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A blurb from Janet Fitch graces the back cover of Dia Felix’s debut novel, Nochita—which seemed appropriate, at first. When I was a teenage fiend for fiction, Fitch’s White Oleander was a prime piece of evidence toward my conclusion that wild and beautifully damaged girls must sprout naturally from the soils of California. (Francesca Lia Block’s books were another.) In this glitzy-gritty, weatherless realm, youth equaled beauty equaled tragic backstory equaled effortless creativity. I lived in the Midwest; I wanted to go.
Going by a basic description, you could slot Nochita neatly into this micro-genre. The titular heroine is the child of a beloved New Age guru, and she grows up around Sacramento steeped in Kundalini yoga, meditation, and philosophy while remaining uncorrupted by mainstream standards of behavior and grooming. When her mother dies, however, she’s taken in by her distant dad and his bitchy fiancée. As she passes from childhood through adolescence she must navigate a world far less nurturing than the hippie bubble she grew up in, though she never quite sheds the uncanny aura of the feral child. She sleeps on the beach, she does downward dogs and drugs and various people as she pleases, she falls in with poets and strippers and a coterie of aging San Francisco drag queens.
But this is a weirder and better book than summary and setting can suggest. This novel’s California is unlikely to lure teen dreamers from Michigan; the darkness here is dingy and queasy, not glam and noir. Instead of inspiring wanderlust, it just makes you want to linger inside Felix’s prose. Nochita’s first-person voice succeeds astonishingly well at feeling like a real, live consciousness. We drift with it through just about every kind of event that can happen in a human mind: dreams, conversations, fantasies, meditations, drug trips. There is no “and then I woke up” to explicitly orient us in the wash of it all.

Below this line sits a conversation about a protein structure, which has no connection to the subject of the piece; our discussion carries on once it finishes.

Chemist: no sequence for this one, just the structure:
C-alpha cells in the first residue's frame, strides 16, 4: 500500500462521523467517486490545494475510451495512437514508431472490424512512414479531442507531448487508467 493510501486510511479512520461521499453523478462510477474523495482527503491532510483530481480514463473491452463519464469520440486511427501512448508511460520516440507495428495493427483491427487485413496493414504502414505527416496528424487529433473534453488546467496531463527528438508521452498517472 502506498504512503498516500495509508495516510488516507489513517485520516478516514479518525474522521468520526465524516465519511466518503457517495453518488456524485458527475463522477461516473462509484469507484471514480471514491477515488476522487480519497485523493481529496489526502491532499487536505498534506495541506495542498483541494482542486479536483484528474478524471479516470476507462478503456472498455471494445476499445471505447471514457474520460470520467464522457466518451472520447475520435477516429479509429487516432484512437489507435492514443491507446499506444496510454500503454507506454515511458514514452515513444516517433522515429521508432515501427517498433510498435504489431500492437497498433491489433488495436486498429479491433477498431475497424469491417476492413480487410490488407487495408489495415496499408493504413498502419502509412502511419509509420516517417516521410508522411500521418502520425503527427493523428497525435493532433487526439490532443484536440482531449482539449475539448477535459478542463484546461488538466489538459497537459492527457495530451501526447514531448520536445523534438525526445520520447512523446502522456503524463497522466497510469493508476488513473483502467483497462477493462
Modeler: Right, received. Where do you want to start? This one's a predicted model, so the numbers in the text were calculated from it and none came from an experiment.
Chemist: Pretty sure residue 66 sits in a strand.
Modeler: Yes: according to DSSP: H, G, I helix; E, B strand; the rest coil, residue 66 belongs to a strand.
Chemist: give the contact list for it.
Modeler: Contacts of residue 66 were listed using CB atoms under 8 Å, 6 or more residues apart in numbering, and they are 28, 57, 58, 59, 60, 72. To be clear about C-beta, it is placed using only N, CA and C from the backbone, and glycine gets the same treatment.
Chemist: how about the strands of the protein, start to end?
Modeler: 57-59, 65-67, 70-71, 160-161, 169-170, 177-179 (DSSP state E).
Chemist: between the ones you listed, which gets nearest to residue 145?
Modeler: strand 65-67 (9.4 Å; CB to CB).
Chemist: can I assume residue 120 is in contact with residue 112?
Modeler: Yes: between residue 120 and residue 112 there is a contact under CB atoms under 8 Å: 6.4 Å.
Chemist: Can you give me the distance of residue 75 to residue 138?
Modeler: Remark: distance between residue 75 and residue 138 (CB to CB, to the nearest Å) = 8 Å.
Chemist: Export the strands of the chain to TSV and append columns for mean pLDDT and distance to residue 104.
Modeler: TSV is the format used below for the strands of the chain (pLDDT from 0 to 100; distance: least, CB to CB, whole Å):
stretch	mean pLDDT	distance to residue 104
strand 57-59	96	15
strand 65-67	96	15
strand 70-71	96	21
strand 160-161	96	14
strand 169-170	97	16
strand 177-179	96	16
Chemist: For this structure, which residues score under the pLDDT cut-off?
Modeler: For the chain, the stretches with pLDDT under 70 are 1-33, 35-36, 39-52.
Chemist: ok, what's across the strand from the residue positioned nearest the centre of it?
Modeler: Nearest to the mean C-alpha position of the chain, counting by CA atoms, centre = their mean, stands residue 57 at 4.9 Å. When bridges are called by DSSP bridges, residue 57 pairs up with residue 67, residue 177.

Such are Felix’s gifts that this seems like a sign of trust in her readers rather than willful obscurantism. Nochita’s ultra-appealing narration makes it easy to hold on even through the most experimental passages: her observations are startling, poetic but not precious, and often very funny. When it’s operating in a more naturalistic mode, the book has the ache and texture of life anywhere. Take the working-class wedding between two vitamin-popping self-help addicts, the bride getting ready in an RV while she badgers her tomboy stepdaughter into donning a face full of makeup. Or the much later development in which Nochita—who isn’t quite sure whether she likes the label “lesbian,” although it grows on her—falls for straight-ish party girl Anna, who makes her feel like “a hypnotized ape” with her “milky girlness.”
The book’s sprawl and dazzle seem formless for the first several very short chapters, but gradually the threads pull tighter and make the design clearer in retrospect. It’s a neat trick, and neater still that it doesn’t feel like one. Things do start to unravel a bit in the final third, but the failure to build to an entirely satisfying ending may come with the thematic territory. Kaia, Nochita’s guru mother, has trained her to see herself as part of the uniform substance of the universe and to inhabit each moment as it passes without judgment. “Soften to everything,” she instructs her followers. The fragmented episodes of the picaresque plot are tied together by an underlying emotional narrative: that of Nochita trying to balance her mother’s values with the need for self-preservation, feeling out the difference between softening and disintegration.
In this world of continual expansion and flow, maybe any ending is bound to seem a little arbitrary. On the other hand, my slight disappointment when the book stopped is also a function of just how willing I was to keep listening to Nochita. That’s the only downside of Felix’s choice to treat this material as a poetic novel rather than young-adult lit: little hope of a sequel.
By Dia Felix
City Lights/Sister Spit
Paperback, 9780872866126, 242 pp.